Thursday, January 12, 2012

The Little Prince: Lula, Son of Brazil

As a boy, Luiz Inácio da Silva’s family was so poor, they could not afford to pay attention. Eventually though, the noble young tyke would grow up to become President of Brazil, whose tenure was marked by a major financial scandal and a transparent attempt to compromise his country’s press freedoms. Evidently, those chapters will have to wait for a later film. Instead, viewers are presented a leftist Horatio Alger story in Fábio Barreto’s Lula, Son of Brazil (trailer here), which opens this Friday in New York.

At seven years old, The Little Prince resolutely shields his sainted mother Dona Lindu from his abusive father, shaming the old drunk into submission. From there, the film gets even less subtle. The Little Prince works hard for his family, but at Dona Lindu’s assistance, he maintains his studies, graduating from a technical school as a certified machinist. Being popular and honest as the day is long, he is tapped by the union as an up-and-comer, but tragedy suddenly strikes, sending him into a tailspin. However, it is ultimately just another obstacle for the Little Prince to triumph over.

At least Felipe Falanga is a plucky kid, showing terrific poise as the seven year-old Prince. Conversely, Rui Ricardo Diaz is so boringly perfect and unflaggingly earnest as the all grown-up Prince, viewers will be hoping for a respite from his proletarian rectitude when the military junta finally throws him in jail. At least, Cleo Pires is rather charming as the Prince’s first Princess. Just don’t get too attached to her—the Prince’s martyr credentials have to be renewed periodically.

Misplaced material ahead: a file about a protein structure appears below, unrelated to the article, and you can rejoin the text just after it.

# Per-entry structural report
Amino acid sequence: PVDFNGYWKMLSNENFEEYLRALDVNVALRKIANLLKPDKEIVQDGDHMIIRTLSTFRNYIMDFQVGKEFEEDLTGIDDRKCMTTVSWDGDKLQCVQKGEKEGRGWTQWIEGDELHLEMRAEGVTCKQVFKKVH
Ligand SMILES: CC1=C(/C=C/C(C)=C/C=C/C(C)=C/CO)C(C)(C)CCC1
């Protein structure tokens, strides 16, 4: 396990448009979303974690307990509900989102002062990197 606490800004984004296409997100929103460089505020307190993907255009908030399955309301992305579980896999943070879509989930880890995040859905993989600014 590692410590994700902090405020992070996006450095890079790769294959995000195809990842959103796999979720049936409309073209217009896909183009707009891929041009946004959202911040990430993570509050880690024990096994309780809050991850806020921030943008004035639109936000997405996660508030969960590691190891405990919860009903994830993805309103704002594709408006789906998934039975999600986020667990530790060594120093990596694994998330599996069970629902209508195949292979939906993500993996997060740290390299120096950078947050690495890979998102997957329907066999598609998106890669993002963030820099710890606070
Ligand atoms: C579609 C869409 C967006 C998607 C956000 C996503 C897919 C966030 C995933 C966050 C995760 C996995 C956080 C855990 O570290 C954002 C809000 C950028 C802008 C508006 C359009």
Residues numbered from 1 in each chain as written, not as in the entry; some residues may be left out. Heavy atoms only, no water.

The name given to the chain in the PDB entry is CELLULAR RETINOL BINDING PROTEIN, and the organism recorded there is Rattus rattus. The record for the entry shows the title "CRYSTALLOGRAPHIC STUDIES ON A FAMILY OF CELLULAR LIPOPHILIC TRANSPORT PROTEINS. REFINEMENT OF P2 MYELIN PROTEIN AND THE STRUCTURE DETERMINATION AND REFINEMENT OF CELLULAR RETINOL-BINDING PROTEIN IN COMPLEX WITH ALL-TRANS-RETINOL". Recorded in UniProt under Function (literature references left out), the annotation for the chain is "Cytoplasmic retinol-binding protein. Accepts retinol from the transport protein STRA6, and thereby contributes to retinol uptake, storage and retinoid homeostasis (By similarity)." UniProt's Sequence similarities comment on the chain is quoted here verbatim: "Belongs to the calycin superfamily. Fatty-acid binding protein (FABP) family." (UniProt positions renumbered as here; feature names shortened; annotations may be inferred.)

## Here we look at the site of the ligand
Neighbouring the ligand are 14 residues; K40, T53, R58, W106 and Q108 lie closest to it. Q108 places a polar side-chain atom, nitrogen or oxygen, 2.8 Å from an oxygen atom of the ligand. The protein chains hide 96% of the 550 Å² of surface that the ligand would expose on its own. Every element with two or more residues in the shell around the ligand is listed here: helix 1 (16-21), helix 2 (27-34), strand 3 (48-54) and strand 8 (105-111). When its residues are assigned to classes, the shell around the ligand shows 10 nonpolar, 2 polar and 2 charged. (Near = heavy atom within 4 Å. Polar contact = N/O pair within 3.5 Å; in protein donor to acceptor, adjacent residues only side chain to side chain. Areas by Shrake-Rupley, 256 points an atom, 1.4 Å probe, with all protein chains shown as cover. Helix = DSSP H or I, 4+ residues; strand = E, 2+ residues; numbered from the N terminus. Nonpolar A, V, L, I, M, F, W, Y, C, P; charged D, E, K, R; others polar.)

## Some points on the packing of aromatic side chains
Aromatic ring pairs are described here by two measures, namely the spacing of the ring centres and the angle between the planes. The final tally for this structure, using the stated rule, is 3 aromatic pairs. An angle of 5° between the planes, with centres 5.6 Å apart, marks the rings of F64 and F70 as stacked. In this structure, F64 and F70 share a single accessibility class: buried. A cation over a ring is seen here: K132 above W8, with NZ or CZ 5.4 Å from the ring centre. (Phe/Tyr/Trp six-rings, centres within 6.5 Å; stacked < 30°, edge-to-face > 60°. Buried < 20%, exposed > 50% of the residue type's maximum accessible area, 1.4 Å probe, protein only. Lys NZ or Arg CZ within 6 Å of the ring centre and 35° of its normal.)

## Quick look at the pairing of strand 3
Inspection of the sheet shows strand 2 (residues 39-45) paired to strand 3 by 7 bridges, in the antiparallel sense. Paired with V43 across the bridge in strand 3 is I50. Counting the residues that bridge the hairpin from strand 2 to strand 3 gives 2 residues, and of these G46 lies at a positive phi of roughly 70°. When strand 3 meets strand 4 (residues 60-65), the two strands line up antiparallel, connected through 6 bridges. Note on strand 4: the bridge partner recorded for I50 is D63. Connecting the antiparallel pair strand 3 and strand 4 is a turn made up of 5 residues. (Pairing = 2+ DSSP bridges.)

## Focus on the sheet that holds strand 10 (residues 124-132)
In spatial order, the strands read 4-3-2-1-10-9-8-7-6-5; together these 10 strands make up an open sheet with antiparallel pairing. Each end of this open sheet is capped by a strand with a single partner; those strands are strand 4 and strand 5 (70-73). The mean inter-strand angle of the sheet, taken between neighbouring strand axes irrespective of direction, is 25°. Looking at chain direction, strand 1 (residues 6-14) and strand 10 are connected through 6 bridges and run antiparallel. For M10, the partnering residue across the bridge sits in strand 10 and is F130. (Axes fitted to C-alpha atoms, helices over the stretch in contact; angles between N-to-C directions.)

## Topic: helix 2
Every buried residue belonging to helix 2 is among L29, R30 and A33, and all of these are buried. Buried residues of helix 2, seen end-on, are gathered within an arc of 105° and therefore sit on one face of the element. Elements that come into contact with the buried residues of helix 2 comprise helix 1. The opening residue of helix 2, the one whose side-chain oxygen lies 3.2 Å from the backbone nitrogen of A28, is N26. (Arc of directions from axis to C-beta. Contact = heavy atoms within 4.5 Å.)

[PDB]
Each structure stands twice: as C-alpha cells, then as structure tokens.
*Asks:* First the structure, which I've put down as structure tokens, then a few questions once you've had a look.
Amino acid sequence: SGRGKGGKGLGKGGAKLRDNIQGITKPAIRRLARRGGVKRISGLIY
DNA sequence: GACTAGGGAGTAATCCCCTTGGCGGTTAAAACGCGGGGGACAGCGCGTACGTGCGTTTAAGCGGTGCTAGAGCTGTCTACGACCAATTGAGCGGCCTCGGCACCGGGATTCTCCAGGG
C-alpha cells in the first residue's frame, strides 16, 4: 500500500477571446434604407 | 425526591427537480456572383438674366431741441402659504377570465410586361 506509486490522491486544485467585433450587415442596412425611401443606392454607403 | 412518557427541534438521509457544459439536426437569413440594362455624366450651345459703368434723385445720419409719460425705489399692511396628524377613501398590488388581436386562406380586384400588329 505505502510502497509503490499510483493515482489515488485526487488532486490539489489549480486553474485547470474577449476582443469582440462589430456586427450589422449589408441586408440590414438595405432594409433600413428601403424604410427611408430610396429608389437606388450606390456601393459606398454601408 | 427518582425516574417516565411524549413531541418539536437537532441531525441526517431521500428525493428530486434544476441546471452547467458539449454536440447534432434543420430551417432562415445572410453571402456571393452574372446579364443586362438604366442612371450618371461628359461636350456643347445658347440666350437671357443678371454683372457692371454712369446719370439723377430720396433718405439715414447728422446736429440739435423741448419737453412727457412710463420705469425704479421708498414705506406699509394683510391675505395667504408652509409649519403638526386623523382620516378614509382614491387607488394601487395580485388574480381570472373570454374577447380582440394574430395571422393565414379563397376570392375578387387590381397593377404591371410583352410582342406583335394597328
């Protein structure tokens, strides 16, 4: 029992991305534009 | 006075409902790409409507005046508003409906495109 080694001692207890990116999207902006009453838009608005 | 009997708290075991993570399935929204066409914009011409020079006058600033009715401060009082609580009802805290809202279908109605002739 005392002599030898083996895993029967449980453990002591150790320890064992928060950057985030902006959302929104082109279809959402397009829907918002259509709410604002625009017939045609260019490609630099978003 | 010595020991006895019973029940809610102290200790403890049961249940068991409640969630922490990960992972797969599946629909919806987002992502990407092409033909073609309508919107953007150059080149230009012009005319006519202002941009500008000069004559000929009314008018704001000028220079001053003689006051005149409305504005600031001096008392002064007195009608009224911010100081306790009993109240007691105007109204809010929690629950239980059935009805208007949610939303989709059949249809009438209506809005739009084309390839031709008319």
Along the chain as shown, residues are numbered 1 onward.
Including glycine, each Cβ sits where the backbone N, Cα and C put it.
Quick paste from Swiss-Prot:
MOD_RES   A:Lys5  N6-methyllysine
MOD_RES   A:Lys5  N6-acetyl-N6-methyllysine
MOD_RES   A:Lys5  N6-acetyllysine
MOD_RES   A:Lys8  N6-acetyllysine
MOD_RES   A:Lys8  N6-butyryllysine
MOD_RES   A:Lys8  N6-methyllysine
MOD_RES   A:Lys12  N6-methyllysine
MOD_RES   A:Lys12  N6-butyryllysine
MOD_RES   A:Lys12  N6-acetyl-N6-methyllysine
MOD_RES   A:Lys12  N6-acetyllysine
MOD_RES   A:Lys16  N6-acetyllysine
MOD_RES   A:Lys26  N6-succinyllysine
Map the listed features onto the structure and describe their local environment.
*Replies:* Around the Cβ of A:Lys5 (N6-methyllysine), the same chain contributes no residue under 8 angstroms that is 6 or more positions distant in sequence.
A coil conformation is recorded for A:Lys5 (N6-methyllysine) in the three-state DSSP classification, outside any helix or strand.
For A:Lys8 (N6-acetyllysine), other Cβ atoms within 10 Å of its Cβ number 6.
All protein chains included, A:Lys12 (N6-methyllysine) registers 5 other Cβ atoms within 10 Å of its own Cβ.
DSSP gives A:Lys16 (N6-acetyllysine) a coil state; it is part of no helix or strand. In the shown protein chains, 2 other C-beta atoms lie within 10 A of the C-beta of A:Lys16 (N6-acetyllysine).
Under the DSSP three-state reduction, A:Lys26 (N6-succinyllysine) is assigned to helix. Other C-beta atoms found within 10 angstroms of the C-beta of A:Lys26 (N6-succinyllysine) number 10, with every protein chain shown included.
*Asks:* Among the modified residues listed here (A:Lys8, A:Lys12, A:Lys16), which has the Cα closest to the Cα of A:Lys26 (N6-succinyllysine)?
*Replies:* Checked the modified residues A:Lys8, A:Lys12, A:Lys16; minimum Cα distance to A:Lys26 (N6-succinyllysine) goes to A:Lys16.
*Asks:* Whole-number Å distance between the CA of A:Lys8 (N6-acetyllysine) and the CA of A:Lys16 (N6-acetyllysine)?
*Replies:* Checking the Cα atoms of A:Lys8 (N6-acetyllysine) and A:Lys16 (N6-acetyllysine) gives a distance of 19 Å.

On one level, Son is a wildly sentimental but nonetheless uplifting paean to a mother’s sacrifice on behalf of her children, or at least her favorite. However, the film also engages in some major whitewashing and memory-holing in an attempt to burnish the Prince’s legacy. Out with his famous Che Guevara t-shirts and in with the conciliatory rhetoric. “We are not the enemies of the factories,” he tells an assembly, because “they pay our salaries.” To be fair though, the scene of striking workers whipped into an ideological frenzy and killing factory managers is a bracing shot of class warfare, even if it is included to position da Silva as an ostensive moderate.

Lovingly produced, Son boasts some fine period details and extras by the thousands. Yet aside from da Silva’s degenerate prodigal father, there film has no antagonistic or even morally ambiguous characters of any note. The Little Prince’s lack of any meaningful flaws or Achilles heel also severely undercuts the drama. The result is like watching one of the slickly produced candidate biographies playing during conventions, with some admittedly accomplished supporting turns.

Clocking in at one hundred twenty-eight minutes, Son is just too long and too breathlessly reverent. Though not recommended, it certainly does not provoke any serious spleen either when it opens this Friday (1/13) in New York at the Quad and Lincoln Plaza Cinemas.